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Boston Children's has launched the world's 1st program dedicated to offering hand transplants to children who qualify.
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Today it's been 5 years since my son Matthew's A.V. Canal repair. I remember the nurses: Shannon, Jaime, and Patrick....They were so good with Matthew and with my husband and I.
If it wasn't for Children's Hospital and the Cardiac wing he wouldn't be here. Thank you all for what you have done for us and giving him a chance to grow in front of our eyes! Thank you Dr. Mah, Dr. Baird, and Dr. de Ferranti we owe you the world.
5 years ago today, I placed my one week old son in Dr. Emani's hands to repair his COA. I remember it like it was yesterday, and I'm thankful every day for the care we received at the Heart Center at Boston Children's Hospital.
1 year ago today Dr Baird performed open heart surgery on Cayman. It did NOT slow him down. Today his heart is as good as new and he barely even has a scar. Thank you Dr Baird and everyone on the cardiac floor at Boston Children's Hospital.
Two years ago today we were at Boston Children's Hospital and our daughter, Emily, was having an aortic stent placed. We were told it would have to be replaced by the time she turned 2 (which was last June) but its still in place and working beautifully. We thank God every day for the amazing work of Dr. Gerald Marx and Dr. James Lock.
This weekend we celebrated our beautiful daughter, Mikayla's 1st birthday and that’s thanks to the amazing surgeons and staff on the 8th floor!! Mikayla was born with a rare diagnosis of Pentalogy of Cantrell which included several heart defects.
"Congenital" describes any condition that exists at birth. Many congenital conditions are not identified until days, weeks, months or even years after a baby is born.
Congenital heart disease (CHD) refers to differences in the heart's structure or function that occur during development.
A common structural problem is an atrial septal defect (ASD), a hole in the heart between the atria, or top two chambers of the heart.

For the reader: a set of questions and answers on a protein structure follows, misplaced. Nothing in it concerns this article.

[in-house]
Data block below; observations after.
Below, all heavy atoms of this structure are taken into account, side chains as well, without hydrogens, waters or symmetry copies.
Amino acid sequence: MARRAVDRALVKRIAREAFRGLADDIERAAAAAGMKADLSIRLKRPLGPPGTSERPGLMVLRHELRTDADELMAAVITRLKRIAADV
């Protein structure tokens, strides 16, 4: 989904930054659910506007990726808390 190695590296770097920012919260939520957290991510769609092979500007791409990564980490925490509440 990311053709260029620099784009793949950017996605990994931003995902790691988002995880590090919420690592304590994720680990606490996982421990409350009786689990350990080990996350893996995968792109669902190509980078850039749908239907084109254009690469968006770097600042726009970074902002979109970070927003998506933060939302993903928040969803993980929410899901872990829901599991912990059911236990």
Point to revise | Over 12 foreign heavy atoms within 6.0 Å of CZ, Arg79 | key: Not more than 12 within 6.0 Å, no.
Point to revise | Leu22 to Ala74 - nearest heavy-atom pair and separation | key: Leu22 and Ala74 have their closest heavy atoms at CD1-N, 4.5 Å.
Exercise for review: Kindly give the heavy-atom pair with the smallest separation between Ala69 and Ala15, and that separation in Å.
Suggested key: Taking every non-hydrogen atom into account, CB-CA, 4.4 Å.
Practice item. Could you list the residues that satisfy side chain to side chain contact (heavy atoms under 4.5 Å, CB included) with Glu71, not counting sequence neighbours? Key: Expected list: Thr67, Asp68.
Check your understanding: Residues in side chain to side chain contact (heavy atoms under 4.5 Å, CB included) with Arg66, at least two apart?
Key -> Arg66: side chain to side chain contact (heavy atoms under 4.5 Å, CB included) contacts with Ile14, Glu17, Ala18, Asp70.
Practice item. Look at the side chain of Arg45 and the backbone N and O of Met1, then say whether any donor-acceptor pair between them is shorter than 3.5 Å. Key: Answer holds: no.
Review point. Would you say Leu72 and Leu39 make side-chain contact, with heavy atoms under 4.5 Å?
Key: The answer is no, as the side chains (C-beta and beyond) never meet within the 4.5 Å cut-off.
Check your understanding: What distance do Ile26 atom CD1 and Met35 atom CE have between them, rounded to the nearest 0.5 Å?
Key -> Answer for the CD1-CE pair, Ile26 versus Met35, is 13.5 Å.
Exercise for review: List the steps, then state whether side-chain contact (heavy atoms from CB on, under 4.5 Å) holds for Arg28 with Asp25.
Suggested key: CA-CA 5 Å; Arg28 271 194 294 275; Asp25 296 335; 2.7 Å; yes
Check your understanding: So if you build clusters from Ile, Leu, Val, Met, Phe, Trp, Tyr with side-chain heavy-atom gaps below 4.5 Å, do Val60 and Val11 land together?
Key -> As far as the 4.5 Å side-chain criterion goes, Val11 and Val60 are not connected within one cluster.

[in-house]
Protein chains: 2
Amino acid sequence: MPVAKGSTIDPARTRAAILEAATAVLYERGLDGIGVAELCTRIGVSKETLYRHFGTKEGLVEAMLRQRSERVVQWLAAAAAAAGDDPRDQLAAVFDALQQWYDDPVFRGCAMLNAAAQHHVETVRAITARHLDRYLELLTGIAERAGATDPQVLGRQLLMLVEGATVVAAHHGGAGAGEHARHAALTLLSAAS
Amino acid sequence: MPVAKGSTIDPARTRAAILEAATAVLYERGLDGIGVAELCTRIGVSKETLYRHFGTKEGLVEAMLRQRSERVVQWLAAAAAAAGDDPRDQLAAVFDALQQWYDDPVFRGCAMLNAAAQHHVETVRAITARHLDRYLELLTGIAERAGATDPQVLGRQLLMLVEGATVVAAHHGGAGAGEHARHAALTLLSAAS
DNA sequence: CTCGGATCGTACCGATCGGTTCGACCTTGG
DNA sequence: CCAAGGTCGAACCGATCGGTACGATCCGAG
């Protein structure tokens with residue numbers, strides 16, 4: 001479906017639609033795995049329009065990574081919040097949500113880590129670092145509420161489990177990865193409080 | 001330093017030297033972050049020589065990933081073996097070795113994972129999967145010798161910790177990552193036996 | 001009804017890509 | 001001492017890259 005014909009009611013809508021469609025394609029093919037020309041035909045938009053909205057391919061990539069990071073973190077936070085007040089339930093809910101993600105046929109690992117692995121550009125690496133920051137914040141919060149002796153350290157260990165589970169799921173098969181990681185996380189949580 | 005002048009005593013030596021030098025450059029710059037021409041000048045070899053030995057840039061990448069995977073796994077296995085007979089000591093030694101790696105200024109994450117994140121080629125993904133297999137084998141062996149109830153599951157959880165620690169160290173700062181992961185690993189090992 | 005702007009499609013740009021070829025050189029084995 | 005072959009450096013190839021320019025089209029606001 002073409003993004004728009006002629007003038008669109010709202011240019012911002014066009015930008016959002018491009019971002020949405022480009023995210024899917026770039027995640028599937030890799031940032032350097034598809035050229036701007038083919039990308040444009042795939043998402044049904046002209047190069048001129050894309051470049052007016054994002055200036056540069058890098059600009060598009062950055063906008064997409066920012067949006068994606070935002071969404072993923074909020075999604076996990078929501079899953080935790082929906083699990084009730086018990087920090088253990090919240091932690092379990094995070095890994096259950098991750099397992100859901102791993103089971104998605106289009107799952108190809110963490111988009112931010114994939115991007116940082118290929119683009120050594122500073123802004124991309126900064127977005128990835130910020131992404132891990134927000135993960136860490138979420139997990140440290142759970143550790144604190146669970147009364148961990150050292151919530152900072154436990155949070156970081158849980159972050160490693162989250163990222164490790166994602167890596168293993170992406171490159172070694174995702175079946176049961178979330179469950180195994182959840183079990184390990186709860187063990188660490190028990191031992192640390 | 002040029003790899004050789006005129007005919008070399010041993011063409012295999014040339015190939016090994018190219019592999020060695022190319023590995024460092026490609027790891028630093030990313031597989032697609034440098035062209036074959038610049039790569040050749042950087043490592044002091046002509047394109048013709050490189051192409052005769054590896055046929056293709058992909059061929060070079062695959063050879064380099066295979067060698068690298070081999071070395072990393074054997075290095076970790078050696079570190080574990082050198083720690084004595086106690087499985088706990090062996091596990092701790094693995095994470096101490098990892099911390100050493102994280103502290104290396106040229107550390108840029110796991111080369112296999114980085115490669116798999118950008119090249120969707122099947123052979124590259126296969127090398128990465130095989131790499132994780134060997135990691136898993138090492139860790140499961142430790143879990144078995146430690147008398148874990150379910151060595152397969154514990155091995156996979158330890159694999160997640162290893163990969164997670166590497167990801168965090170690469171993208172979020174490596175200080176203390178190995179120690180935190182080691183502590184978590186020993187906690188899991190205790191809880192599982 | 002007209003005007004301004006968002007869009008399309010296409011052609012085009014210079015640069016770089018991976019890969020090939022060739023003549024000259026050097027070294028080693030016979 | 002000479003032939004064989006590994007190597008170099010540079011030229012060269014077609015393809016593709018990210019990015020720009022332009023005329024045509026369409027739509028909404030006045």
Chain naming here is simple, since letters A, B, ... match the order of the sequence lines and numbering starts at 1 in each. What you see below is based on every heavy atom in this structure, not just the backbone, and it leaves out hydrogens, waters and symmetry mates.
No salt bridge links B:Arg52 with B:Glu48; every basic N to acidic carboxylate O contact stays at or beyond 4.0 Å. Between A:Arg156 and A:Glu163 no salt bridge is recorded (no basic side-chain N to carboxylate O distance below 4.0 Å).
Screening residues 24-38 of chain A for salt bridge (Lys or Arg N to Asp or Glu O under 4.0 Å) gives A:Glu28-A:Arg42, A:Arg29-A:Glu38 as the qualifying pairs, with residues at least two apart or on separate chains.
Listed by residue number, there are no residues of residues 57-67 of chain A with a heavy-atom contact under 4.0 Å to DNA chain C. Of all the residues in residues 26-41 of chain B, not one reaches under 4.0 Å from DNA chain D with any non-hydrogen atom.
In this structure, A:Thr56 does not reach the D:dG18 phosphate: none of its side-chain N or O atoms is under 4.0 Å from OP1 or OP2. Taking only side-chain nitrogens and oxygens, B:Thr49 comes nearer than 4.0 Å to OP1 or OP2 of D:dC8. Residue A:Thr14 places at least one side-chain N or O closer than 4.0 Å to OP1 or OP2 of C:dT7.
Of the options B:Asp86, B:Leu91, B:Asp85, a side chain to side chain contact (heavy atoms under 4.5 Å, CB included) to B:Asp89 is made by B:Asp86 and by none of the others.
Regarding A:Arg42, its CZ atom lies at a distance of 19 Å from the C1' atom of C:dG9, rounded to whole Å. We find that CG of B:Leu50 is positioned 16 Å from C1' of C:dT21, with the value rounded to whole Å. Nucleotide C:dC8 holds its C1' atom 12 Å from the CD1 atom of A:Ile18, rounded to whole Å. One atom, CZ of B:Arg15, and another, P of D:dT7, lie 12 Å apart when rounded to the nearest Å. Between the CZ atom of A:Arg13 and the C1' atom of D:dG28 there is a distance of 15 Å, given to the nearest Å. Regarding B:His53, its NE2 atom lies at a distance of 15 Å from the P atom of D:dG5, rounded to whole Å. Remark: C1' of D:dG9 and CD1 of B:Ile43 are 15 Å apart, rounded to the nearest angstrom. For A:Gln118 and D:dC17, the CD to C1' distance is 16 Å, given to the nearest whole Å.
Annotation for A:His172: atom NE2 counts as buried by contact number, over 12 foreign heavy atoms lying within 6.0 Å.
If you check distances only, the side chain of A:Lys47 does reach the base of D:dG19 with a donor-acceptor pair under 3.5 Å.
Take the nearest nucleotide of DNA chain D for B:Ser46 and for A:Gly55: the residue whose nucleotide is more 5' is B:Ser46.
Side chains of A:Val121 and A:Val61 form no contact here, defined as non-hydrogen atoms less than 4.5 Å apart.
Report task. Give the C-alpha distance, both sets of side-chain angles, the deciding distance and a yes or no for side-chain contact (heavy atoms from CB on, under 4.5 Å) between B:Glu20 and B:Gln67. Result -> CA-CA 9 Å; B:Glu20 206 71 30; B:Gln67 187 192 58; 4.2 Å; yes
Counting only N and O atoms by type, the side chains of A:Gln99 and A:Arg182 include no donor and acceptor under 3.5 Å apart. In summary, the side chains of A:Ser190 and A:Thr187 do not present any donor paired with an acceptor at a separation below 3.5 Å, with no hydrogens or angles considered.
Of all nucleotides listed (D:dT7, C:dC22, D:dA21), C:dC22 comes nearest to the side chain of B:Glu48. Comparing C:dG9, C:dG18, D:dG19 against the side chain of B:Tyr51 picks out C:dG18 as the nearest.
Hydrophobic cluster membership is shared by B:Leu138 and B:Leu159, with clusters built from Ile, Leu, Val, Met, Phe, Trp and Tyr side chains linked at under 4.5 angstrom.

A common functional problem is cardiomyopathy, a set of disorders that cause the heart's wall muscles to become either too thick, too thin, or too stiff.
About one out of every 100 babies born has a congenital heart defect. In most cases, it’s not possible to identify a specific factor that caused the problem. Among the known causes of congenital heart defects are genetic factors, environmental conditions (e.g., a mother's exposure to certain prescription medications, chemicals, or maternal diseases) and a combination of both genetic and environmental factors.
Cardiovascular genetics examines the relationship between genetics and its effect on the heart's anatomy and function. We seek to identify which genes are the primary players in building the heart and its blood vessels.
In some families, a heart defect might be identified in only one person. In other families, heart defects may occur in multiple family members. In either case, genes, environmental factors or both can play a role. It's the role of the cardiovascular genetics clinic to sort out whether environmental conditions could reasonably explain the occurrence/recurrence, if genes are a more likely explanation, or if it is some combination of the two.
If the diagnosis is still uncertain at the end of the visit, we may recommend specific laboratory studies.
The clinic team will make specific recommendations about long-term follow-up including frequency of follow-up visits, testing and subspecialty consultations.
Your child's care team will depend on her diagnosis and specific issues involved. These might include specialists in cardiology and genetics, as well as other medical, surgical, behavioral and mental health providers.
The future of pediatrics will be forged by thinking differently, breaking paradigms and joining together in a shared vision of tackling the toughest challenges before us.”